The Northwest Seaport Alliance, the cargo operating partnership of the ports of Tacoma and Seattle, has teamed up with Washington State Ferries, the National Oceanic and Atmospheric Administration (NOAA) and Puget Sound Partnership to identify ways to protect the endangered orca population.
The parties co-convened a workshop focusing specifically on finding solutions to underwater noise, which greatly impedes an orca’s ability to use sonar to hunt and communicate.
The workshop was held at the Bell Harbor Conference Center on October 3, 2019 and was attended by state, federal, tribal and Canadian government representatives, researchers, natural resource agencies, whale conservation groups and representatives of the marine industry.
The goal was to explore the possibility of establishing a program to reduce the exposure of the endangered orca to ship noise.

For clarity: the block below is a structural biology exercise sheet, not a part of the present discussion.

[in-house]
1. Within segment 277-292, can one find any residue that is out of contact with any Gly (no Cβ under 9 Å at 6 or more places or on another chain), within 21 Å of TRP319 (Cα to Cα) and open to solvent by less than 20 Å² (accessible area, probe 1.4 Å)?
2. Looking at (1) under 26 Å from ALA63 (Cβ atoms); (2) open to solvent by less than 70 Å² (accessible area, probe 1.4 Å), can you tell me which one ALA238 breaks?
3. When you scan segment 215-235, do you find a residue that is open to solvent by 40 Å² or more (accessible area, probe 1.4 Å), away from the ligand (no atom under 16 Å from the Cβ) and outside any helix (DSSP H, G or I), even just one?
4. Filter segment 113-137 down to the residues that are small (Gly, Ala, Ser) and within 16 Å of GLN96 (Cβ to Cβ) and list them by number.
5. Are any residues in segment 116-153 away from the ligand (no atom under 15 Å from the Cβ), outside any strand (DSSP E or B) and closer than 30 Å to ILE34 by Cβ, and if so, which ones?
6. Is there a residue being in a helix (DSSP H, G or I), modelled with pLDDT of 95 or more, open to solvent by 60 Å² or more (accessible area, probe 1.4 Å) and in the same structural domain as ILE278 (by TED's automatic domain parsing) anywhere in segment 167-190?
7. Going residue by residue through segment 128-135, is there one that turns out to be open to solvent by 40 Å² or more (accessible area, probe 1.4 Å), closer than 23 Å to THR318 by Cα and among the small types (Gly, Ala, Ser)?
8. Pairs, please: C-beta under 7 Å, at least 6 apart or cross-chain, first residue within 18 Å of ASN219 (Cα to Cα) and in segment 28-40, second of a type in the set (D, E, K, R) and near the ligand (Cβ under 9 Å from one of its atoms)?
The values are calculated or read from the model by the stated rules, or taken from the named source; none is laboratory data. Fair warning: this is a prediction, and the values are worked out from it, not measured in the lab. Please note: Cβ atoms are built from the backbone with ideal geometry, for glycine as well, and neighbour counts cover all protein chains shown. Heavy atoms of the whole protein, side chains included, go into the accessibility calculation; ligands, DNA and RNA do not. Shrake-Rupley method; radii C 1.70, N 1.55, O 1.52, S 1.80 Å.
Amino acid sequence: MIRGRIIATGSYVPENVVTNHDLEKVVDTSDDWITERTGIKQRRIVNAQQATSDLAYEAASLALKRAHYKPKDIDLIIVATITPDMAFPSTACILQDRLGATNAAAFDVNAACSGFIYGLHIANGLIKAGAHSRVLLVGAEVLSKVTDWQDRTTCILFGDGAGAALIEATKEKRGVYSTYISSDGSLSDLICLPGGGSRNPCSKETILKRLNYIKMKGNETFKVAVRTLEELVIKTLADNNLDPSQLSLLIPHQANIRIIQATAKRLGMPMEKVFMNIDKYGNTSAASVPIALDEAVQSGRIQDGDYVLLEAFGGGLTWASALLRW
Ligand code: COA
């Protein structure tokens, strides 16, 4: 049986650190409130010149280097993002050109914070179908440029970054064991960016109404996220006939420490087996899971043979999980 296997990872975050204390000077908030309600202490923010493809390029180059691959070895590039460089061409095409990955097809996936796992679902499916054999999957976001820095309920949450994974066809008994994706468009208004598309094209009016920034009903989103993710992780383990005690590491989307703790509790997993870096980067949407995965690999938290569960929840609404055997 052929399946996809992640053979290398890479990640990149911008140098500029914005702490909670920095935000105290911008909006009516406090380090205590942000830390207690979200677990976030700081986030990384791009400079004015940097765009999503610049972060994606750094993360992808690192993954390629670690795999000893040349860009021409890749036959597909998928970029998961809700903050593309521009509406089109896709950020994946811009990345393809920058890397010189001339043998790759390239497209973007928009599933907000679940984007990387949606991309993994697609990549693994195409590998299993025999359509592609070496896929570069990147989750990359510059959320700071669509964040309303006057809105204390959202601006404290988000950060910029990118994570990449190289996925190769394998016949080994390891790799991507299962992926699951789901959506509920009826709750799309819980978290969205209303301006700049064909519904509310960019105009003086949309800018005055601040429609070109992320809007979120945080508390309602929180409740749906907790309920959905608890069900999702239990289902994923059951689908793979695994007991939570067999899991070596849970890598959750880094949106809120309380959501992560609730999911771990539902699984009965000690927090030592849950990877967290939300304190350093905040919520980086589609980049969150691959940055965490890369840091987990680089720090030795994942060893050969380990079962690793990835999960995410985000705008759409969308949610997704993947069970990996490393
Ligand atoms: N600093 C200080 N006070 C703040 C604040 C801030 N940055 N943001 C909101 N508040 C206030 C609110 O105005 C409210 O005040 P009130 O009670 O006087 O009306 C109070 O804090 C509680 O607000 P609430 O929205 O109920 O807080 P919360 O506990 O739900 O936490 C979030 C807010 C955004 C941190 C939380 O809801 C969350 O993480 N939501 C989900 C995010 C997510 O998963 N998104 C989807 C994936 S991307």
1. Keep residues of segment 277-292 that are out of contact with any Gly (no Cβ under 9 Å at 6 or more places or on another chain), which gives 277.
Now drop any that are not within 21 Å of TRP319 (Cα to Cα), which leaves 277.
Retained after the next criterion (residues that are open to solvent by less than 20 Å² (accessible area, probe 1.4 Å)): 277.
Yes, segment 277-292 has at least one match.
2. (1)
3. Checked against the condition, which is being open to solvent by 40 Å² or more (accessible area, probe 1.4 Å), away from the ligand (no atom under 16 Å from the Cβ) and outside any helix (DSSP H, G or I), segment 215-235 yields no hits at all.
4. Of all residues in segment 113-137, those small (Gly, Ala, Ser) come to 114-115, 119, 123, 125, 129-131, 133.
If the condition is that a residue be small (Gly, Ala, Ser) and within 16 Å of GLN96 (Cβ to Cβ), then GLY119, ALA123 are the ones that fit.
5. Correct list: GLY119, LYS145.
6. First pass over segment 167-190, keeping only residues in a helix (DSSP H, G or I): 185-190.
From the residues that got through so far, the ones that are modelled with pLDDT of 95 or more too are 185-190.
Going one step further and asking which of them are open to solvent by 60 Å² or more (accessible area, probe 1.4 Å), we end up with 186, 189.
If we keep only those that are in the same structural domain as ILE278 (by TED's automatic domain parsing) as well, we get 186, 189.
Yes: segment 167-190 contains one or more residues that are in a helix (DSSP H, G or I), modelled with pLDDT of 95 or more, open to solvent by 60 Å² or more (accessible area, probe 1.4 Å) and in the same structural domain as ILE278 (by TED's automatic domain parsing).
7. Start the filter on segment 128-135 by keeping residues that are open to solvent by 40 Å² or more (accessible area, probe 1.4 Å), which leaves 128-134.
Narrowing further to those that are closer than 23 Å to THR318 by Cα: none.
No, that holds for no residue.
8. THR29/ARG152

The workshop resulted in 22 recommendations, the biggest of which is to create a similar program to the Port of Vancouver’s Enhancing Cetacean Habitat and Observation initiative (ECHO) for Washington State.
Port of Seattle Commissioner and NWSA Managing Member Fred Fellaman spoke highly of the workshop: “It was heartening to have such a broad range of expertise in the same room committed to tackling the critical issue of orca survival in the Salish Sea.
“As we know from the study of cooperative hunters such as wolves, lions and orcas, we can accomplish great things when we work together, and the recovery of our iconic orca hinges on our collaboration.”
John McCarthy, Port of Tacoma’s commissioner and Managing Member of the NWSA, emphasised how larger ships is helping the orca population: “While The Northwest Seaport Alliance has seen steady increases in container cargo volume over the last decade, there are actually fewer ships calling at our gateway now than in the past.
“This is because vessels have gotten larger and can carry more cargo per trip, which reduces ship traffic.”